2 Thessalonians 2:1-2

In 2 Thessalonians 2:1-2 Paul addresses some questions that resulted from his first letter to the church in Thessalonica. The challenge in understanding this chapter comes from the fact that it is a supplement to what Paul has already taught the Thessalonians verbally along with his first letter, and we don’t know exactly what Paul said to the them. Yet the ideas are clear enough if carefully pieced together. “Now concerning the coming of our Lord Jesus Christ and our being gathered together to him, we ask you, brothers, not to be quickly shaken in mind or alarmed, either by a spirit or a spoken word, or a letter seeming to be from us, to the effect that the day of the Lord has come.”

Guzik explains “Paul clearly wrote of the return of Jesus, but the wording here implies a difference between the coming and our gathering. This strongly suggests that there are essentially two comings of Jesus. One coming is for His church (as described clearly in 1 Thessalonians 4:16-18), and the other coming is with His church, to judge a rebellious world.” Morris simply said “They are two parts of one great event.” Jesus is coming again – that is certain. And Paul differentiates how that will happen here and in his other teaching which aligns with scripture in other places.

Paul asks them to not be shaken or troubled about the coming of Jesus. Paul used strong wording, speaking of both a sudden jolt (shaken in mind) and a continuing state of upset (troubled). Their fears centered on the idea that the day of Christ had [already] come. Some were afraid they had missed Jesus’ coming somehow. Clarke explained “The word to be shaken, signifies to be agitated as a ship at sea in a storm, and strongly marks the confusion and distress which the Thessalonians had felt in their false apprehension of this coming of Christ.” Paul assures them that they are fine and hadn’t missed His coming.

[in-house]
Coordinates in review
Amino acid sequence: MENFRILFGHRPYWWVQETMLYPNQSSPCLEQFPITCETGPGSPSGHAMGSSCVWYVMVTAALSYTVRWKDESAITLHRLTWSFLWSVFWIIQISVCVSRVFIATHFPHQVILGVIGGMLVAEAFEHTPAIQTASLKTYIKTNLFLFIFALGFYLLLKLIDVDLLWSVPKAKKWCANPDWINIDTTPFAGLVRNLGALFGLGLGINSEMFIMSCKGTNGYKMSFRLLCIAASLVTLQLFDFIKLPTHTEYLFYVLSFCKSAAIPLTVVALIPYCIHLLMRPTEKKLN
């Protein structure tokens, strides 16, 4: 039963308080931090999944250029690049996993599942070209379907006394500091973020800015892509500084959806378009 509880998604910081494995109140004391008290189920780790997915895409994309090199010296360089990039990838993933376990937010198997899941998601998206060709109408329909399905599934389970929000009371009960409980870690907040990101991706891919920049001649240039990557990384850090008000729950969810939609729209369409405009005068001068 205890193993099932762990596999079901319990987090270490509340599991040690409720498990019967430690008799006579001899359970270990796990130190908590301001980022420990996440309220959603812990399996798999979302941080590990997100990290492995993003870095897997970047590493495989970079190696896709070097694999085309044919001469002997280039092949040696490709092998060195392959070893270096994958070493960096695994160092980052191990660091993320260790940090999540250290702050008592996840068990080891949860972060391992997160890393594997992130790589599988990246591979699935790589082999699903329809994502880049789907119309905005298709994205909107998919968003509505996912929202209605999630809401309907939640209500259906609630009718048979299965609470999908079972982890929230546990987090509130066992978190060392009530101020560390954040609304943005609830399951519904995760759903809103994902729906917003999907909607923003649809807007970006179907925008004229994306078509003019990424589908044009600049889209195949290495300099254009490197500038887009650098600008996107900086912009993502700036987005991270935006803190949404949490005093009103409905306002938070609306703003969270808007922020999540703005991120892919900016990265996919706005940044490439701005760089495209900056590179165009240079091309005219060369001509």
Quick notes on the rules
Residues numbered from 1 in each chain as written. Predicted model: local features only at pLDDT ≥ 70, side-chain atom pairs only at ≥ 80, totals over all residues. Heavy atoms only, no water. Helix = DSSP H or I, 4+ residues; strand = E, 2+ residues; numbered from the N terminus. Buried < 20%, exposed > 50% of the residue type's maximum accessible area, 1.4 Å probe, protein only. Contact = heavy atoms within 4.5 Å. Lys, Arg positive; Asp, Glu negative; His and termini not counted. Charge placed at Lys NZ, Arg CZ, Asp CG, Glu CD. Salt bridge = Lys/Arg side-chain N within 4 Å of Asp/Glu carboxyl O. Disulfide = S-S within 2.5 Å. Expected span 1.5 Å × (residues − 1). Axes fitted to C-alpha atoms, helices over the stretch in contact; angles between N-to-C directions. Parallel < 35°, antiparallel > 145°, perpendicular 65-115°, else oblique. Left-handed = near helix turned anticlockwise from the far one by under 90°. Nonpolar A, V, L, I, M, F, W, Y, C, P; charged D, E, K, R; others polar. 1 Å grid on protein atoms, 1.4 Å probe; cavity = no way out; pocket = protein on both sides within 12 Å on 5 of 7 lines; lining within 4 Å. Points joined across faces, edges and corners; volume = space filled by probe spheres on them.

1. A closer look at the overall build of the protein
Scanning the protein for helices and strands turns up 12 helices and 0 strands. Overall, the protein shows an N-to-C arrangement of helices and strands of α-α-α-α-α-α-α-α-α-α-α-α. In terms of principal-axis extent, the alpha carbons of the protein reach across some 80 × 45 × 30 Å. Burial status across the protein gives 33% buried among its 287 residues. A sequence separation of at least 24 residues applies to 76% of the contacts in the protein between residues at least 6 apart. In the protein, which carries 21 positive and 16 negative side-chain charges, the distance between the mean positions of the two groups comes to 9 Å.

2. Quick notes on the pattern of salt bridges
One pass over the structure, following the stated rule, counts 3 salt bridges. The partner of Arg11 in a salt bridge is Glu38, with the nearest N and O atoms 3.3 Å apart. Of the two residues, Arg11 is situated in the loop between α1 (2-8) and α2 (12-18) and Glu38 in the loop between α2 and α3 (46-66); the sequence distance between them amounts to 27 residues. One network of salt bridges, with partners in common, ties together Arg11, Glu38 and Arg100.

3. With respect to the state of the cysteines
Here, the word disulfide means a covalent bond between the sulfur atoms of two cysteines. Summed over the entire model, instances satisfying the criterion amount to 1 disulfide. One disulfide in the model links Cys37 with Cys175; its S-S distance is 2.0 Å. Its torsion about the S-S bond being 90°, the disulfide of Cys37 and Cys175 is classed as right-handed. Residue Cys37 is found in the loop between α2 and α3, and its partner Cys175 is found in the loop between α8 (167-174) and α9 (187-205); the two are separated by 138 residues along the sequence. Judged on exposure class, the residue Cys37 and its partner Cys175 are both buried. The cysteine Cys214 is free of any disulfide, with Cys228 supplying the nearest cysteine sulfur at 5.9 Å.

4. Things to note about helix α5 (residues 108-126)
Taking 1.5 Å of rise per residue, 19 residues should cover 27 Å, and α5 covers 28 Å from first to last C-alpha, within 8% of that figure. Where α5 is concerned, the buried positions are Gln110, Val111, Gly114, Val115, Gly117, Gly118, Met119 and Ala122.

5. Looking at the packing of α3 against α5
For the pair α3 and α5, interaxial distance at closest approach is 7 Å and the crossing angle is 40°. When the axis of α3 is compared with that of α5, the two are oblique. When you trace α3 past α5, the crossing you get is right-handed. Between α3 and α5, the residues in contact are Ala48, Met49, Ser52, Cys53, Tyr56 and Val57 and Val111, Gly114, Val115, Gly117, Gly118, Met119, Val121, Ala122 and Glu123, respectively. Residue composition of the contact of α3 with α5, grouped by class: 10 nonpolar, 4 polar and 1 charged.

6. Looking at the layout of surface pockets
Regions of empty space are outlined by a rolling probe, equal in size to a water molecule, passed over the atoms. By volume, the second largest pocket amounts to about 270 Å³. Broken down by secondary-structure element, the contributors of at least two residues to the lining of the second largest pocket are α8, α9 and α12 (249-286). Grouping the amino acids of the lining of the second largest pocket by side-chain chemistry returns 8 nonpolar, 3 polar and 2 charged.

The Thessalonians were not afraid that the day of Christ was coming, but that they were in it. Perhaps the troubling word had come through a misguided prophecy (spirit or by word). Or perhaps some other leader wrote the Thessalonians a letter teaching that they were already in the day of Christ. Either way, they were upset at the idea that they had somehow missed the rapture. Alford wrote “The teaching of the Apostles was, and of the Holy Spirit in all ages has been, that the day of the Lord is at hand. But these Thessalonians imagined it to be already come.” He has not come, but He is coming soon. Are you ready to meet Jesus the King?

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